President Obama appoints Purdue Professor to National Medal of Science Committee
October 1, 2010
Dr. Joseph Francisco, the William E. Moore Distinguished Professor of Earth and Atmospheric Sciences and Chemistry, is one of four new committee members. The committee is composed of 12 presidentially appointed scientists and engineers, the director of the Office of Science and Technology Policy, and the president of the National Academy of Sciences.
The committee is responsible for evaluating nominees and selecting recipients of the National Medal of Science, an annual award given to scientists who have made outstanding contributions to the physical sciences, biological sciences, mathematics, engineering, and social and behavioral sciences.
"The National Medal of Science is the highest honor bestowed by the United States government on scientists, engineers and innovators," Francisco said. "It is our nation's expression of thanks to the men and women who have devoted decades to scientific discovery and achievement, and I am honored to serve on the committee."
Francisco, who is president of the American Chemical Society, has conducted research that has revolutionized the understanding of chemical processes in the atmosphere. He recently solved a 40-year search for an unusual molecule that is essential to the atmosphere's ability to break down pollutants and has worked with chlorofluorocarbons, mapping the pathways of these and lesser-researched compounds to understand how they break down in the atmosphere.
Francisco also was recently elected as a member of the American Academy of Arts & Sciences, one of the nation's oldest and most prestigious honorary societies, and is a fellow of the American Physical Society and the American Association for the Advancement of Science. He also served as president of the National Organization for the Professional Advancement of Black Chemists and Chemical Engineers from 2005-2007.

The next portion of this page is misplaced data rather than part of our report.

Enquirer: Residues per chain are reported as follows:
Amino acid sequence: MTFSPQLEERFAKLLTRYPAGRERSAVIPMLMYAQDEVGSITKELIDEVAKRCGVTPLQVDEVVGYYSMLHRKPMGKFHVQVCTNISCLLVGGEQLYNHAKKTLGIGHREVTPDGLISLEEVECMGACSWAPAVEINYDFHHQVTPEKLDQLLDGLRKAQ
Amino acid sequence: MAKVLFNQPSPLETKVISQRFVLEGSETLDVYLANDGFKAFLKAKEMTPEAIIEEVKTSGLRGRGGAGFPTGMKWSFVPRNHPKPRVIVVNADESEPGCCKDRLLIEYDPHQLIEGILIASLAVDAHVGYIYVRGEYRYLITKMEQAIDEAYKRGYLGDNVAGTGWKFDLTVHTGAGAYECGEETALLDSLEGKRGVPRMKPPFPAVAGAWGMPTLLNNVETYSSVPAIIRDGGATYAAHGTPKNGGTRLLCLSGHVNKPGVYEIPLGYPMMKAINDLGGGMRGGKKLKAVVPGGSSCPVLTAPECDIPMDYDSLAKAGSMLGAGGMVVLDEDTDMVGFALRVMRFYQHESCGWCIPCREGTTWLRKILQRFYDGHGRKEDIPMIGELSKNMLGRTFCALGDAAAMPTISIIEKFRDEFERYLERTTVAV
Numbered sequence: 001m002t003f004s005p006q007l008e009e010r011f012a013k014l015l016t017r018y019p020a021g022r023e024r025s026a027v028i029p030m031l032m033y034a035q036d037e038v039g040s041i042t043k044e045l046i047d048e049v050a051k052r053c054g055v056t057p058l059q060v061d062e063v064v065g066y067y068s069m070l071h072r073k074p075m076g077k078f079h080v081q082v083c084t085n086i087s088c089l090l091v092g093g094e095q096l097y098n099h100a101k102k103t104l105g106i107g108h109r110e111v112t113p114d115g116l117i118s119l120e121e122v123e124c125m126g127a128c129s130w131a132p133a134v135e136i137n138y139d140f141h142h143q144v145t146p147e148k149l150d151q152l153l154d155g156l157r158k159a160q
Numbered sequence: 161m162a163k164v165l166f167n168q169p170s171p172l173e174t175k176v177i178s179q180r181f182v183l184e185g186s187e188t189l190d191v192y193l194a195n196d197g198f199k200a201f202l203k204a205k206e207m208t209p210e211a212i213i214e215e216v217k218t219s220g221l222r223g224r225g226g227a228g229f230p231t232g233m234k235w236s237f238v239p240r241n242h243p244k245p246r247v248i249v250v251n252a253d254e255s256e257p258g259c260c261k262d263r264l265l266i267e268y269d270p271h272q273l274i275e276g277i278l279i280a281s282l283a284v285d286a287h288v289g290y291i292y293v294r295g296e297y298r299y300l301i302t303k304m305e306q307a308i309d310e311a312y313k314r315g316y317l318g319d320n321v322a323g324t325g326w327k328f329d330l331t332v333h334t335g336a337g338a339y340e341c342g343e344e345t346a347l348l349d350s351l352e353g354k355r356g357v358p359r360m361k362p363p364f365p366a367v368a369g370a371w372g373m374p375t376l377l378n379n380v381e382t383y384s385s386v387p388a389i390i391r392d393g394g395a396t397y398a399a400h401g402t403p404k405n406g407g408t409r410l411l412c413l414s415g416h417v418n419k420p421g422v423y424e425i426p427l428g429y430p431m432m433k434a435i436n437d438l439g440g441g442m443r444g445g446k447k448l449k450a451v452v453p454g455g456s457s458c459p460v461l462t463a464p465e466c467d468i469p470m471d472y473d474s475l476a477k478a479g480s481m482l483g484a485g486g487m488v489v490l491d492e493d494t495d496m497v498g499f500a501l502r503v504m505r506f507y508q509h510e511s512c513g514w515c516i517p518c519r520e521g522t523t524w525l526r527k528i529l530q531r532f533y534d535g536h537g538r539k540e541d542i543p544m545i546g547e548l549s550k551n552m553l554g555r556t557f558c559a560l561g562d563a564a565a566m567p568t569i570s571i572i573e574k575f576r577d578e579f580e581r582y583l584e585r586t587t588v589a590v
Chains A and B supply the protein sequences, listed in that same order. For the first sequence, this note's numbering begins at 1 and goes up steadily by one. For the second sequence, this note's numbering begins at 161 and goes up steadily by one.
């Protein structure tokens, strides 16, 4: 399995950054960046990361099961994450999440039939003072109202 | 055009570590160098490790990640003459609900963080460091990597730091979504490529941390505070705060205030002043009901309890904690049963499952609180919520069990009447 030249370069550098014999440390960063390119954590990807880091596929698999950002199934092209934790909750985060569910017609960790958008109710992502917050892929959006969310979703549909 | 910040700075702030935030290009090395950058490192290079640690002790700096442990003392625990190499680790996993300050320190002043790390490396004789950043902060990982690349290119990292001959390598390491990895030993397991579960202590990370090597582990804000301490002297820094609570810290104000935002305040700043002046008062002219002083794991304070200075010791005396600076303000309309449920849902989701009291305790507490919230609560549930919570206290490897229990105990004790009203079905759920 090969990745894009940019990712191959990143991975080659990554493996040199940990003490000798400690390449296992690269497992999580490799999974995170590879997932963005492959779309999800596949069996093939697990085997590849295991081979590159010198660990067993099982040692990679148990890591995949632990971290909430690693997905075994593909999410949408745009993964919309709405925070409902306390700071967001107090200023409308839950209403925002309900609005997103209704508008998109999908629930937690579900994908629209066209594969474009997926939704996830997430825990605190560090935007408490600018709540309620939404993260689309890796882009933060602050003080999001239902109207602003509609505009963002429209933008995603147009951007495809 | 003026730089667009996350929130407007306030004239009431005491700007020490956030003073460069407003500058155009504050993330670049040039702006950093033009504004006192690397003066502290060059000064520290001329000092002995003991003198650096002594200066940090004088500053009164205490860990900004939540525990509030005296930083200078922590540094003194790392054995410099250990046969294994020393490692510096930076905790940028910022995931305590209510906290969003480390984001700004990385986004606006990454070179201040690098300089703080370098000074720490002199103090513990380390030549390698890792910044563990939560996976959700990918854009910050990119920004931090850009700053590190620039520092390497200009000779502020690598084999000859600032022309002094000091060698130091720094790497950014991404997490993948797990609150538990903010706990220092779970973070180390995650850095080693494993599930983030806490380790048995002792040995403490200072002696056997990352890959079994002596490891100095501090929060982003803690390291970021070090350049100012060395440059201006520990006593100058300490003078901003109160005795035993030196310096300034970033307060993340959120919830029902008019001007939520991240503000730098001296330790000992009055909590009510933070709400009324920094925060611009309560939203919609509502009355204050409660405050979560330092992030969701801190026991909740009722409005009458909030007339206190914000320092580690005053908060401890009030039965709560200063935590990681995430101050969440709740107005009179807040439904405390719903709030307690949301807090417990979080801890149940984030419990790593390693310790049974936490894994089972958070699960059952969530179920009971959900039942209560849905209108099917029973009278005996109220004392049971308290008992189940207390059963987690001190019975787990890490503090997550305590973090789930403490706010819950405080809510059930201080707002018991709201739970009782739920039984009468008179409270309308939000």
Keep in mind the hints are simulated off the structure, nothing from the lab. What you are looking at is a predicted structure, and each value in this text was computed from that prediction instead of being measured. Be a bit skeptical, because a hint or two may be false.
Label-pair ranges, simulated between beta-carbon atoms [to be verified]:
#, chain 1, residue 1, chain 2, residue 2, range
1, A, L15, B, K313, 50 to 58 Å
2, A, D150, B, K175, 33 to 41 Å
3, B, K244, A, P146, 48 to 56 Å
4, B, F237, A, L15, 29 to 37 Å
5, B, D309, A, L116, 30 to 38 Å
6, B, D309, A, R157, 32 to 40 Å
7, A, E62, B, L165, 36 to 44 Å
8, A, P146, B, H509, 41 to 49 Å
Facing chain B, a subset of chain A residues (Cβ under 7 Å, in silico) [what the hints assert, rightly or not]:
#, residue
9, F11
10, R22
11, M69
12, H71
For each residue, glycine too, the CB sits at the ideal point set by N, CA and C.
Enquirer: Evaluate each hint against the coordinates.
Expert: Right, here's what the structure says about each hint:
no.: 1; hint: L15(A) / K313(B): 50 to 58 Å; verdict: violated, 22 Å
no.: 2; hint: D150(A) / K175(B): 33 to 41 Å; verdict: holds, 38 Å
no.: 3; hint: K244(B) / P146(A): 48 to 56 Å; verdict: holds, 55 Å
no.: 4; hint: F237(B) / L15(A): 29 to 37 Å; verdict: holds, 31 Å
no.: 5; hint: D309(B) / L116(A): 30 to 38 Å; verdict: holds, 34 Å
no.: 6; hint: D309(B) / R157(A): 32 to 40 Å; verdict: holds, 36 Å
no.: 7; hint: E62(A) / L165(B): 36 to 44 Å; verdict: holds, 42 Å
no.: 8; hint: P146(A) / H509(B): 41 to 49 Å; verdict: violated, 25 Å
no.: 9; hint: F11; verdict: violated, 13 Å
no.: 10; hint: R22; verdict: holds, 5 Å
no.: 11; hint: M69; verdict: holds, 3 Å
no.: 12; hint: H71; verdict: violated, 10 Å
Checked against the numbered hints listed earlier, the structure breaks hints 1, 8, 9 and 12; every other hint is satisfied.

The National Medal of Science program is administered by the National Science Foundation and was established by congress in 1959. The medal was first awarded in 1962 and has been awarded to 441 distinguished scientists and engineers.
Two Purdue professors have won the award, Albert Overhauser and Herbert C. Brown, as well as alumna Rita Colwell.
In addition to Francisco, newly appointed members of the President's Committee on the National Medal of Science include Carlos Castillo-Chavez of Arizona State University, Inez Fung of the University of California, Berkeley, and Margaret Murnane of the University of Colorado.
President Obama stated in a White House press release: "I am confident that these impressive men and women will make valued additions to this administration. I look forward to working with them in the months and years ahead."
- Elizabeth K. Gardner
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